The 2019 Critical Care Canada Forum (CCCF) took place in Toronto Nov. 10-13. This year marked the fifth annual Deceased Organ Donation Symposium, a two-day symposium held during CCCF that promotes scientific research and discussion about organ donation and transplantation and its application to critical care practice.
Presented by Canadian Blood Services, Trillium Gift of Life and the Canadian Donation and Transplantation Research Program, this year’s event did not disappoint. Presentations from this session were recorded and can be found on Canadian Blood Services’ professional education website.
Opt-out (presumed/deemed consent) — In April 2019, Nova Scotia became the first jurisdiction in Canada to pass opt-out legislation, designed to increase organ and tissue donation. To better understand the real-world implications and impact of this consent model, attendees heard from Phil Walton, the United Kingdom’s deemed consent project lead. His message for Canadian jurisdictions considering this legislation change was to ensure the right people were around the table and that true collaboration among these groups was employed – legislators, regulators, faith groups, organ donation organizations, patients, families, as well as media and ethics experts.
- Presentation: Donation Conversations, Phil Walton
- Presentation: Plenary Address – Deemed Consent Experience in the UK, Phil Walton
For health care professionals, the legislation should not change end-of-life conversations with families. The patient and unique life-saving opportunity at hand should remain the focus of every family discussion. The legislation is simply a tool to help the family support a decision.
Medical assistance in dying and organ donation — The legalization of medical assistance in dying (MAID) in Canada has led to requests for donation after circulatory determination of death from patients who are conscious and competent. Randy Tresidder, whose wife Dr. Shelly Sarwal was the first person to undergo MAID and organ donation in Nova Scotia, shared his story. His honesty about the personal conflicts he experienced in order to accept and wholly support his wife’s decision to become an organ and tissue donor brought great insight to a sensitive subject.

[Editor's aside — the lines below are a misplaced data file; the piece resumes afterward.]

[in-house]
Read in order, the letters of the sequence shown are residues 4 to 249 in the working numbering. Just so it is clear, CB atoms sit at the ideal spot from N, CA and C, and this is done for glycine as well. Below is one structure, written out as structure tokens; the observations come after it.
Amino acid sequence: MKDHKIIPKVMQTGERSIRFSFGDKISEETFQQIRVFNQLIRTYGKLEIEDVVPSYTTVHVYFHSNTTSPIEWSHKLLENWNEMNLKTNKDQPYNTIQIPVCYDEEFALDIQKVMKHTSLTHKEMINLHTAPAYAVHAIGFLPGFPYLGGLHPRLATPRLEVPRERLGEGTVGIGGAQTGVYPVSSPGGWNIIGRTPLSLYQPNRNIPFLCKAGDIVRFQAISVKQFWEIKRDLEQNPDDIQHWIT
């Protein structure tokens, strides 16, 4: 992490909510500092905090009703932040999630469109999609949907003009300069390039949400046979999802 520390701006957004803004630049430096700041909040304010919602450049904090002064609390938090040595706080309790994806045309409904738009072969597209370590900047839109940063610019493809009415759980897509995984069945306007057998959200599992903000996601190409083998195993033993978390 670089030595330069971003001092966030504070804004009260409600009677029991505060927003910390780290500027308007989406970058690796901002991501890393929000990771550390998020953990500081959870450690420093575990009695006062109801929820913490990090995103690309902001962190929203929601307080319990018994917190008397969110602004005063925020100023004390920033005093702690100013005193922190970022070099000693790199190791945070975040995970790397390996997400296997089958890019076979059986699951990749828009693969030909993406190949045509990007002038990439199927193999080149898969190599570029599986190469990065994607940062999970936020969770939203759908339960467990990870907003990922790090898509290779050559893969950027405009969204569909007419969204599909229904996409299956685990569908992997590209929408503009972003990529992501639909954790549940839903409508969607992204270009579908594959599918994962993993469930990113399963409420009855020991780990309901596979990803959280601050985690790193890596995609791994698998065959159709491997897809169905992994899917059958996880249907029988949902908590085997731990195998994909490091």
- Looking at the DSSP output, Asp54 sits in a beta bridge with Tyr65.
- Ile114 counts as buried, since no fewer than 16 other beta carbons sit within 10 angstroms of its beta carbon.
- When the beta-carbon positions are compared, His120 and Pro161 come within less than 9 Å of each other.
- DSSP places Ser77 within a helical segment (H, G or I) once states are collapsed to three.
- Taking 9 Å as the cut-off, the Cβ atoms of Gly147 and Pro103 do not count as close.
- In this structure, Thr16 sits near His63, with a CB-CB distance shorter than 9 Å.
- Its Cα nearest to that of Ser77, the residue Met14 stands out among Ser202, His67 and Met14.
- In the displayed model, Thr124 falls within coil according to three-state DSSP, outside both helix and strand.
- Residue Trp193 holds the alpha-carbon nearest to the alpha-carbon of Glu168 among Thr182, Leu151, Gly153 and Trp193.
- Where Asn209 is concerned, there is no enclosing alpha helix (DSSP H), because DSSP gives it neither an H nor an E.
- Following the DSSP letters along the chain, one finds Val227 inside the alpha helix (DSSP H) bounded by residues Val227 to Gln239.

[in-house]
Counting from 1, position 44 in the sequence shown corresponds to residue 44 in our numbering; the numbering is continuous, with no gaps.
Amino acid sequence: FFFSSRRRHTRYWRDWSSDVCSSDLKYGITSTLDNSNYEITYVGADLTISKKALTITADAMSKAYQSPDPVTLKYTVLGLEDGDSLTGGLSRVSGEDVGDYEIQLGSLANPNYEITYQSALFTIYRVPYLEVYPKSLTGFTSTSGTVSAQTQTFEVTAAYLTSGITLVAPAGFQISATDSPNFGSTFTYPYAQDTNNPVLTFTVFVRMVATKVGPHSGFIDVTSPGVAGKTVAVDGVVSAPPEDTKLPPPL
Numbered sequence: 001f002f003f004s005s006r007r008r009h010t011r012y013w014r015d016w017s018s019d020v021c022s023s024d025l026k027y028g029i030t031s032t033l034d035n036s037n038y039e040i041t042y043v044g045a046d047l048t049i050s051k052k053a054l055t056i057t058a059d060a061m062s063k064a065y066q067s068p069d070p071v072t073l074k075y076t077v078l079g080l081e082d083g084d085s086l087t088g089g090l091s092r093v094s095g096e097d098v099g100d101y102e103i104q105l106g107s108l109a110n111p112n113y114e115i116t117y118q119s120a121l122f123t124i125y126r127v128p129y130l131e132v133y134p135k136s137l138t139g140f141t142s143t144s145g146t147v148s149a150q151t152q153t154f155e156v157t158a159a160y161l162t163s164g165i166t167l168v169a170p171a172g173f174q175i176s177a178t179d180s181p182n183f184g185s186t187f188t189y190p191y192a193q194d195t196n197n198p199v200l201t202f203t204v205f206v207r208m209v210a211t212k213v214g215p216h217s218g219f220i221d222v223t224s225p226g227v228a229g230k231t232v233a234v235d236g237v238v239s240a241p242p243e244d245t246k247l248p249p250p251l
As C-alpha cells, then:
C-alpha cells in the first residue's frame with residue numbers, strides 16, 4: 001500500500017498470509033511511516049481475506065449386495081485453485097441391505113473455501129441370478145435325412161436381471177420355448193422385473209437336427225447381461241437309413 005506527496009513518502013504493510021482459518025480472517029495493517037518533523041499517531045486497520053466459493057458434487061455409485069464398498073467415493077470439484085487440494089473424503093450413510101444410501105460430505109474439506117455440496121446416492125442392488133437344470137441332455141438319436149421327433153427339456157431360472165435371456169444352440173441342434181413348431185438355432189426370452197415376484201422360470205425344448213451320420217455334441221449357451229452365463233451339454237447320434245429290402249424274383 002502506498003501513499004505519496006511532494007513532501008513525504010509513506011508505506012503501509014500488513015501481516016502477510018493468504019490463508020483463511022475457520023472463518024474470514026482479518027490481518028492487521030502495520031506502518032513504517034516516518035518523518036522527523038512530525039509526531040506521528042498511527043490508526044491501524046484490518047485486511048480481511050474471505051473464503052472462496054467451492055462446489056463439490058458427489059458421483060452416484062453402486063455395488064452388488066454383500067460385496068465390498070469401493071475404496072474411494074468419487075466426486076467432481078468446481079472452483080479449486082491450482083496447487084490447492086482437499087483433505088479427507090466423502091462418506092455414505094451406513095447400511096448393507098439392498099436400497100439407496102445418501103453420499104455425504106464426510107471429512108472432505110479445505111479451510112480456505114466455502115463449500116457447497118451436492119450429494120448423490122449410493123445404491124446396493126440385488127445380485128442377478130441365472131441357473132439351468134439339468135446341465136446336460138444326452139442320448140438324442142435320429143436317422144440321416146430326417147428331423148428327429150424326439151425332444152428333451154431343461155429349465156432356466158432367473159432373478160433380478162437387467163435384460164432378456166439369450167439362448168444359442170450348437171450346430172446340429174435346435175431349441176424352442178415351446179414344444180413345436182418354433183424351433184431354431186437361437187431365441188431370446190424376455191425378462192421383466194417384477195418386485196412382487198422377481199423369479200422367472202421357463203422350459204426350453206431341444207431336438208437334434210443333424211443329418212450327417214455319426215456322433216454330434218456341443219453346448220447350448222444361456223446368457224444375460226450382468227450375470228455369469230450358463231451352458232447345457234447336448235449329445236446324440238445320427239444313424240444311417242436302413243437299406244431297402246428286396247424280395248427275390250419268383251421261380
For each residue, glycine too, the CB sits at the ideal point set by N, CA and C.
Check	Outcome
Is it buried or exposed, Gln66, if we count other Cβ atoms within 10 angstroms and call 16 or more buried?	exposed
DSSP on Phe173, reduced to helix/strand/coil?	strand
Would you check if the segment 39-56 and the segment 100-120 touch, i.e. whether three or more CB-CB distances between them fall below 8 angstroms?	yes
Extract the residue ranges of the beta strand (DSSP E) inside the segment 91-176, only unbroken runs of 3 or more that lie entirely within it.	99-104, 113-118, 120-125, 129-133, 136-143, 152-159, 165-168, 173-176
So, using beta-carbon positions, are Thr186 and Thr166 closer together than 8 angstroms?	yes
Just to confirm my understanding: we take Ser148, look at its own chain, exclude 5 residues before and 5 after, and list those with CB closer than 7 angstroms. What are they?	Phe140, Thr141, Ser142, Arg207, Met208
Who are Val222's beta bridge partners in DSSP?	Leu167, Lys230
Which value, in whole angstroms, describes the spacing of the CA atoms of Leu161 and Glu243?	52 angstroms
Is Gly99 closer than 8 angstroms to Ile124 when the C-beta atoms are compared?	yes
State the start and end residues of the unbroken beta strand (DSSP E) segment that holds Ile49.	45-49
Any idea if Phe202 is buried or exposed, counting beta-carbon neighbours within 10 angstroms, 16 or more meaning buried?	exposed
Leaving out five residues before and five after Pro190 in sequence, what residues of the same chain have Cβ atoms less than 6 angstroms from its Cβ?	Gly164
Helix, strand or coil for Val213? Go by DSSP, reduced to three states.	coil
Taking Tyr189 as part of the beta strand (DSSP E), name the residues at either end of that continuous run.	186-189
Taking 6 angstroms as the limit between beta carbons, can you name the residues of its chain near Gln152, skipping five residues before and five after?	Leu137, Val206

The incredible story of Dr. Sarwal is captured in the documentary film Her Last Project, which attendees also had the opportunity to view during the conference.
Non-Perfused Organ Donation – Dr. Marcelo Cypel, from the Toronto Lung Transplant Program, described an innovative technique that is being used to expand the donor – non-perfused organ donation (NPOD).
At select hospitals in Ontario, patients who were unable to be resuscitated after an unexpected death, such as a cardiac arrest, are referred to the organ donation organization for initial suitability screening. Potential NPOD donors have their lungs inflated with oxygen for up to three hours; the timeframe permitted for family approach and consent, deployment of the recovery teams, and lung recovery to take place. After recovery, the lungs are placed on an ex-vivo lung perfusion machine to evaluate the quality of their function prior to transplantation.
Dr. Cypel shared that this type of donation had resulted in five transplants to date. One recipient was a surprise guest at the Symposium. Eric Celentano’s gratitude for a second chance at life reminded attendees why this work is so important.
Recordings from all of the Deceased Organ Donation Symposium sessions are posted on the Professional Education website, available here.
Check out the gallery for more photos, including one of the inaugural meeting to begin development of a national pediatric donation and transplantation strategy focused to optimizing neonatal and pediatric donation, organ utilization and transplant outcomes. The meeting included more than 30 participants from pediatrics, critical care, donation, transplantation, research as well as donor families and Canadian Blood Services. Meagan Mahoney, a pediatric intensivist from Calgary; Laurie Lee, a pediatric nurse practitioner from Calgary; and Lee James from Canadian Blood Services’ Deceased Donation team will lead and support a steering committee to advance this important work.
Did you miss the 2018 event? Videos from the 2018 Deceased Donation Symposium at CCCF are available here.
Canadian Blood Services – Driving world-class innovation
Through discovery, development and applied research, Canadian Blood Services drives world-class innovation in blood transfusion, cellular therapy and transplantation—bringing clarity and insight to an increasingly complex healthcare future. Our dedicated research team and extended network of partners engage in exploratory and applied research to create new knowledge, inform and enhance best practices, contribute to the development of new services and technologies, and build capacity through training and collaboration. Find out more about our research impact.
The opinions reflected in this post are those of the author and do not necessarily reflect the opinions of Canadian Blood Services nor do they reflect the views of Health Canada or any other funding agency.
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The Critical Care Canada Forum (CCCF) takes place this week in Toronto. The annual event is attended by hundreds of health professionals working in critical care, primarily physicians. A key event within the Forum is an unopposed plenary on brain death determination, to be held on Wednesday, November 7th.
This year marks the fifth annual Deceased Organ Donation Symposium at the Critical Care Canada Forum in Toronto. This two-day symposium held Nov. 11–12, 2019 promotes scientific research in organ donation and transplantation and its application to critical care practice.
Canadian partners bring experts together for two-day Deceased Donation Symposium as part of CCCF